I just finished reading the novel In Dubious Battle by John Steinbeck. It is about a strike by fruit pickers in 1930s California. The two main characters are Communist revolutionaries who organize and lead the striking workers.
It is instructive to compare the book with Upton Sinclair’s The Jungle, which I analyzed earlier this year. That book is socialist propaganda, cut and dried. The perspective of In Dubious Battle is also sympathetic to the communists, but Steinbeck is a much more nuanced writer than Sinclair, and so he is able to give more thought to the philosophical issues underlying the strike. The character of the Doctor alone is more interesting than anybody in The Jungle, and his ambivalence about the strike raises legitimate questions that Sinclair would never consider.
What I find interesting is that, even though it is a much better piece of literature than The Jungle, it’s not nearly as well-known, or as effective a tool for social change. Perhaps good literature is bad propaganda, and vice-versa.
Like the other Steinbeck book I have written about, Of Mice and Men, there is an undercurrent of misogyny in this book. The only major female character is sweet, but very dim. Other female characters are mentioned only in passing as background elements. It’s definitely a book about men and stereotypically “manly” things—Steinbeck always describes cars in loving detail, for instance.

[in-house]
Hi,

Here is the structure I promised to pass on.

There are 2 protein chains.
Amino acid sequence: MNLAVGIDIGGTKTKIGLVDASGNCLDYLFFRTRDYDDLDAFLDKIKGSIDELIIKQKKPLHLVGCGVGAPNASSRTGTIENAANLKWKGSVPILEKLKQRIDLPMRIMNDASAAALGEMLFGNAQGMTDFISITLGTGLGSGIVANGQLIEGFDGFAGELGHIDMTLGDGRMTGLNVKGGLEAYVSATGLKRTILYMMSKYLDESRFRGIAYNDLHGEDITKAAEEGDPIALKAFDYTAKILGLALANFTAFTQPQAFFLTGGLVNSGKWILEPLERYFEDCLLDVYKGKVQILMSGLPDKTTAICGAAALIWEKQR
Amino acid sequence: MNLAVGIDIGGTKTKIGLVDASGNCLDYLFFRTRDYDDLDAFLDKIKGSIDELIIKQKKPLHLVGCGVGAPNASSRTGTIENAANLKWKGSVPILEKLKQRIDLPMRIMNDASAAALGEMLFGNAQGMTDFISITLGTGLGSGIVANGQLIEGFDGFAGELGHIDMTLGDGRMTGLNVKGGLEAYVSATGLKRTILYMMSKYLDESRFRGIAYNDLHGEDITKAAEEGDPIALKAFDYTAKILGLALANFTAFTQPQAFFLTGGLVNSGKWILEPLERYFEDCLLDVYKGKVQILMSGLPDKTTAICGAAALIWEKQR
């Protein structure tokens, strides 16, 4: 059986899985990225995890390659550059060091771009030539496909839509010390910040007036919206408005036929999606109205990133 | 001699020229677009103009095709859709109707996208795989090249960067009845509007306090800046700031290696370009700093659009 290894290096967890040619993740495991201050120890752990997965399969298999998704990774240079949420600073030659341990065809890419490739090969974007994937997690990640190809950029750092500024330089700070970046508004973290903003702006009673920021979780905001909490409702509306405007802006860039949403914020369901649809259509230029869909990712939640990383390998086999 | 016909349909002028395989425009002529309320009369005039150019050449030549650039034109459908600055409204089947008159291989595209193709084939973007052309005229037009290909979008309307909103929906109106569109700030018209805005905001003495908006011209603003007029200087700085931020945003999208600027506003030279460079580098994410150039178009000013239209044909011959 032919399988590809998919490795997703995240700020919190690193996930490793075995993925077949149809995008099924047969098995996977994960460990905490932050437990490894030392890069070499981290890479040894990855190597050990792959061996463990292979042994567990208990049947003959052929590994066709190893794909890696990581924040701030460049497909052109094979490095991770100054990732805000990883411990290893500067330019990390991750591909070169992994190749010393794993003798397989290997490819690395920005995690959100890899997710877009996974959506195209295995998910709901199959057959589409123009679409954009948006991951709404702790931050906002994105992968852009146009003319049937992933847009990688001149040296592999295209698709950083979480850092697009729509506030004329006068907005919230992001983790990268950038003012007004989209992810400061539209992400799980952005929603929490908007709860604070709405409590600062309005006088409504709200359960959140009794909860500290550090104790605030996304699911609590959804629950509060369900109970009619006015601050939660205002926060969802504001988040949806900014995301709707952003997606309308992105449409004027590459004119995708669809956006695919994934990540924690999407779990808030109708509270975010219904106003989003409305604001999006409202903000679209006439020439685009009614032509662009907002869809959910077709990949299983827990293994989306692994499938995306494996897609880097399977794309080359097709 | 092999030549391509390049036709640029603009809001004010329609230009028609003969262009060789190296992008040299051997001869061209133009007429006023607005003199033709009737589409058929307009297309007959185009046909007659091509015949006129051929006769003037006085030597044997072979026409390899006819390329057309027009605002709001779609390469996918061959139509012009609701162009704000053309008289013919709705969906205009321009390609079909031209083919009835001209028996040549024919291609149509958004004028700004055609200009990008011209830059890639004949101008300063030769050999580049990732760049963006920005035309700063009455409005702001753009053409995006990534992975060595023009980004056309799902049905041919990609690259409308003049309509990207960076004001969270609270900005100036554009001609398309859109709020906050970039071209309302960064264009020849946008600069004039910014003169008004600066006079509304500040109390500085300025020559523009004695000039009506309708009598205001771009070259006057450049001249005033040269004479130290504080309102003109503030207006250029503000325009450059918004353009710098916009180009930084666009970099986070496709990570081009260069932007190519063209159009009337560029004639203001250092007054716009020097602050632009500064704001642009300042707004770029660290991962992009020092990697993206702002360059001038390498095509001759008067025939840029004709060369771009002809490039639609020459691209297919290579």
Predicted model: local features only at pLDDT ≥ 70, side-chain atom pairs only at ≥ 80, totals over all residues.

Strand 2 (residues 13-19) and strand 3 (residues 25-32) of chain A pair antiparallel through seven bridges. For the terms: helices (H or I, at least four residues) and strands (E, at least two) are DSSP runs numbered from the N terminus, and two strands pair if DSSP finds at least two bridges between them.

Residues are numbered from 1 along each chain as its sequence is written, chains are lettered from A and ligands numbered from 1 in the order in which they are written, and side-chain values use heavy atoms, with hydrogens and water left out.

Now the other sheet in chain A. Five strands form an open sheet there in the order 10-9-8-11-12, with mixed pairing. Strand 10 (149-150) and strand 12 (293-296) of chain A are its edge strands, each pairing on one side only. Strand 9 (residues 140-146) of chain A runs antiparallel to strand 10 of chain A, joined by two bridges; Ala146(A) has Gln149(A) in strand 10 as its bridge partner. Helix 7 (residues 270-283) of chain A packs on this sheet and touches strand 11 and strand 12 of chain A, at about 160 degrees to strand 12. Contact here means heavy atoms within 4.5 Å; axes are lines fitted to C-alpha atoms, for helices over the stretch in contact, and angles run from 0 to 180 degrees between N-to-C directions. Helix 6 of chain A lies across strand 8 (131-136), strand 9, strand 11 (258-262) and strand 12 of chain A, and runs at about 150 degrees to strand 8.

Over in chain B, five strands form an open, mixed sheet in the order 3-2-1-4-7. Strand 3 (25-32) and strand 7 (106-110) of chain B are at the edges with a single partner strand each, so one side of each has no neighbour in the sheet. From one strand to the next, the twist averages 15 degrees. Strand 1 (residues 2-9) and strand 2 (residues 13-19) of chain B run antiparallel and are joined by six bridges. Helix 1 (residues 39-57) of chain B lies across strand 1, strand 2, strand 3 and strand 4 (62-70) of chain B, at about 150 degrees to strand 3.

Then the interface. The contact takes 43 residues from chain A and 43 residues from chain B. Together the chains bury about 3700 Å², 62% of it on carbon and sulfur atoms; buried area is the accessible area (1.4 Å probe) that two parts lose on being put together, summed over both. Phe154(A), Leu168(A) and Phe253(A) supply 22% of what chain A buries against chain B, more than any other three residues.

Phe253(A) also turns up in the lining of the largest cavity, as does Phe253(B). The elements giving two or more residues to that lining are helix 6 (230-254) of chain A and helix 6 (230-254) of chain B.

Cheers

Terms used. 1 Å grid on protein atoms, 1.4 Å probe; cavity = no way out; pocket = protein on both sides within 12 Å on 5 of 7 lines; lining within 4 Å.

I’m not going to give many more details because, well, basically I already have given you the plot summary—it is about a strike. It’s more about the behavior of the participants than about any specific events in the strike. I recommend reading it, and forming your own opinion. I will say that it explores the idea of charisma as a force for motivating groups of people, something I love to write about.
Lastly, a bit of trivia: In Dubious Battle is one of President Obama’s favorite books, according to this article (Via Wikipedia).
The problem a lot of writers face is when one of their books get stuck in the public mind it doesn’t matter what else they’ve written, unless they’re turned into movies.
Interesting point. In fact, while I was reading “In Dubious Battle”, I actually thought that it would work very well as a movie. The ending, in particular, might be more dramatic on the screen than on the page. And yet, amazingly, it seems like Hollywood has never adapted it.
Wow. Never heard of the book. I will look for it.
I hope you find it. I would love to hear your take on it.